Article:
Wednesday, February 26, 2014


By Bill Kraus

The pre-eminent example of leaders undermined by staffers is called Watergate. It brought down a president. Richard Nixon had no knowledge or role in the decision to break in to the Democratic Party headquarters in Washington.

The whiplash in the wake of this event which was a mishmash of lies and cover-ups that he tacitly endorsed put a lot of people in jail and the president in a kind of exile in California.

What has happened to Scott Walker in Wisconsin and Chris Christie in New Jersey falls into the category of staff over-reaching and serious stupidity as well. Or so it seems. So far neither incident threatens the two incumbent governors’ status. Better yet there does not seem to be any attempt to cover up and no one seems to be telling punishable lies about the events that are drawing so much press attention.

What has resulted, however, is a kind of diminishment.

A shadow has been cast on the governors’ iconic status.

Saturday, February 8, 2014

Then and now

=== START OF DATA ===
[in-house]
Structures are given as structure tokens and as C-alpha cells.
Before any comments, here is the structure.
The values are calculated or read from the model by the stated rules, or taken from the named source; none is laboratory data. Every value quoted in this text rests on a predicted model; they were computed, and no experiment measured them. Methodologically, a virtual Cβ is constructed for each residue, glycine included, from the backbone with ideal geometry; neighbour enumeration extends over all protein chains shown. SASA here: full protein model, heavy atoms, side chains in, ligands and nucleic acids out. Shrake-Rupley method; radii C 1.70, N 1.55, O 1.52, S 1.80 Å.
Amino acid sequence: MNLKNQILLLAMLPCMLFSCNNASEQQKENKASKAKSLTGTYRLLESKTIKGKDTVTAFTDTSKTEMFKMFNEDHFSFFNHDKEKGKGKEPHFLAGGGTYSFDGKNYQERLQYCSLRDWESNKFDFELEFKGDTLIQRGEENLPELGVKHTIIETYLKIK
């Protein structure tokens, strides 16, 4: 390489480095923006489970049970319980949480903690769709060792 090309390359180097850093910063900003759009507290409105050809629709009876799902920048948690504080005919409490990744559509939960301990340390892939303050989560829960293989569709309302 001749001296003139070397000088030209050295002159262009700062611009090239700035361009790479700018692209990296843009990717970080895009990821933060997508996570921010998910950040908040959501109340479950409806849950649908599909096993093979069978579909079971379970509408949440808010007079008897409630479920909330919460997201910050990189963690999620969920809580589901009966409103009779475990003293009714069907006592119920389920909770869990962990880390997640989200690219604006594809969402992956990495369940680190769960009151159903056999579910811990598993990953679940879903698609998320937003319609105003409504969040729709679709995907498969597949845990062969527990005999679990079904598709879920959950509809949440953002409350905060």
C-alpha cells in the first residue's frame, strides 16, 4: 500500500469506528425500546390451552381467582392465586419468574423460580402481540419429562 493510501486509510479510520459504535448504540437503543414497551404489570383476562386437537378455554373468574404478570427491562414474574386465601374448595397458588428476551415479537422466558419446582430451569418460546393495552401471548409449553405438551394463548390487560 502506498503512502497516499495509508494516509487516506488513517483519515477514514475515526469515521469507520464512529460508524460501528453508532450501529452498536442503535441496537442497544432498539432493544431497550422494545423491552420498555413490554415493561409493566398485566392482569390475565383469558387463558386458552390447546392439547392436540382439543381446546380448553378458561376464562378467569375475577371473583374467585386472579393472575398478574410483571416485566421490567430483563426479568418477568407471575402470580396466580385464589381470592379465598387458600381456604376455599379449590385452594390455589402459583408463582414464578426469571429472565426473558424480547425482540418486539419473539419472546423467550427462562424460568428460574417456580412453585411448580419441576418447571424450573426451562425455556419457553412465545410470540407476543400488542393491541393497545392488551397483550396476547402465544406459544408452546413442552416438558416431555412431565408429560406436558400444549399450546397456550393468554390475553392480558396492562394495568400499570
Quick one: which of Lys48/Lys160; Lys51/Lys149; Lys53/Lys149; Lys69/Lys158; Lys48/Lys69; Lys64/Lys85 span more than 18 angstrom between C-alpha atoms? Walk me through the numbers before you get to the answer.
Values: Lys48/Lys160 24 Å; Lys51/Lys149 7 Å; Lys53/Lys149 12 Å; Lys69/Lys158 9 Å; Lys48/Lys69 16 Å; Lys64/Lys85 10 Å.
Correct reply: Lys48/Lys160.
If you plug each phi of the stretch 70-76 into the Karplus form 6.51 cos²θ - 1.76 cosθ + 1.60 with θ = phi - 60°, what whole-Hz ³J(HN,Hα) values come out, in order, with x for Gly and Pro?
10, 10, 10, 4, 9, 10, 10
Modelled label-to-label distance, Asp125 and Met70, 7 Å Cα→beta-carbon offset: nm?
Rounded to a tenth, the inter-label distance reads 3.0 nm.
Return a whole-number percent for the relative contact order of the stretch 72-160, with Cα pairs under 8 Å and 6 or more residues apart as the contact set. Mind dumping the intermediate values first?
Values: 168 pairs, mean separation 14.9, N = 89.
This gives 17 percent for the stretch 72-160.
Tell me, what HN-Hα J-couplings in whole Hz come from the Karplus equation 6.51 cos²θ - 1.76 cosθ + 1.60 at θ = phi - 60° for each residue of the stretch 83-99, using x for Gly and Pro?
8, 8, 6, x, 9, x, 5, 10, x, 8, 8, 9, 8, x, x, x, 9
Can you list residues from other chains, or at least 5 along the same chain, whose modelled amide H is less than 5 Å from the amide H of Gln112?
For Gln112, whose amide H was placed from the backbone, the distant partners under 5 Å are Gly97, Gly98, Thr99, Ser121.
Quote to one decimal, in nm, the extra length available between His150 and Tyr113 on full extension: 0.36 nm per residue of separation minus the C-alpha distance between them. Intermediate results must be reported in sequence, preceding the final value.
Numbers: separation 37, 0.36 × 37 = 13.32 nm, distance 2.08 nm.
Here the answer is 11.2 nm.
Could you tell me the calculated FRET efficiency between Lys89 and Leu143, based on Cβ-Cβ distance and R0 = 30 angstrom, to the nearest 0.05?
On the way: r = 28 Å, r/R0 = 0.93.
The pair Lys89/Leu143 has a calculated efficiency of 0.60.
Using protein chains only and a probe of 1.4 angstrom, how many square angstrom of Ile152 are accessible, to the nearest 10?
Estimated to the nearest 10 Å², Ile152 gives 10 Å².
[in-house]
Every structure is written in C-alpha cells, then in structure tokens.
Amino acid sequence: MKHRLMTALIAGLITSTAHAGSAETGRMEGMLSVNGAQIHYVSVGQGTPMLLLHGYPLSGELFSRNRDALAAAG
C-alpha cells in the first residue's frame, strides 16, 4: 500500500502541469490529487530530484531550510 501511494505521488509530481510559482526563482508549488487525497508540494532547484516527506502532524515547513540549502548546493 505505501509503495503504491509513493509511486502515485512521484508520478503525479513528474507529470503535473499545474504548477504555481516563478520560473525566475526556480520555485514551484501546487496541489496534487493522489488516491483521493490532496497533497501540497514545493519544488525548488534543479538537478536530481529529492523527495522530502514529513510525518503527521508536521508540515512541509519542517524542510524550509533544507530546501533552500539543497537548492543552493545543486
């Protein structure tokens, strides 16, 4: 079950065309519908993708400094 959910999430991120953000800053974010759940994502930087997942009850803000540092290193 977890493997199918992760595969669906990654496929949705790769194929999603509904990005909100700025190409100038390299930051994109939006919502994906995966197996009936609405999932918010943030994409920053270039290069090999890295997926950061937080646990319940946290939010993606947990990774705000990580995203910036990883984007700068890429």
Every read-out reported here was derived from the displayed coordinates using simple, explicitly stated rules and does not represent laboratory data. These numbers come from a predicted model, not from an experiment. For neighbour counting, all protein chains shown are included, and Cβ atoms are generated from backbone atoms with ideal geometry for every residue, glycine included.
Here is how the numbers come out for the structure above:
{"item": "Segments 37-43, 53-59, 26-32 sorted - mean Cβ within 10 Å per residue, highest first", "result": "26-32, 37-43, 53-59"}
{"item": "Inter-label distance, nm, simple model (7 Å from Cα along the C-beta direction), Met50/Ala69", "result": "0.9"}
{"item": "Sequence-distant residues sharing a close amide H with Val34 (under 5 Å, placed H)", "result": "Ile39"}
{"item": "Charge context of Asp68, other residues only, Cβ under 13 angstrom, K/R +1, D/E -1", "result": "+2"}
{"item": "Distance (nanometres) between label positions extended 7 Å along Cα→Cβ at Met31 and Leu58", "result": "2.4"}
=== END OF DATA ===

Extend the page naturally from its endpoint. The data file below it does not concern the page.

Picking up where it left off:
By Bill Kraus

What Republicans have known all along is that theirs is a minority party. Their efforts to win high offices were necessarily concentrated on wooing the undecideds and uninterested with occasional raids into Democratic precincts for converts. The party leaders and the elected Republicans were in the forefront of these efforts. Lee Dreyfus said that his run for governor was prompted in part by his fear that the party in Wisconsin was headed from minority to insignificant. His campaign brought in thousands of new voters for the GOP. Reagan did much the same thing when he ran for president. Tommy Thompson was deservedly famous for a lot of things and especially for branding the party as a big tent organization which welcomed any and all.

Presumably other candidates in other places did much the same thing as the Republicans became increasingly competitive even dominant.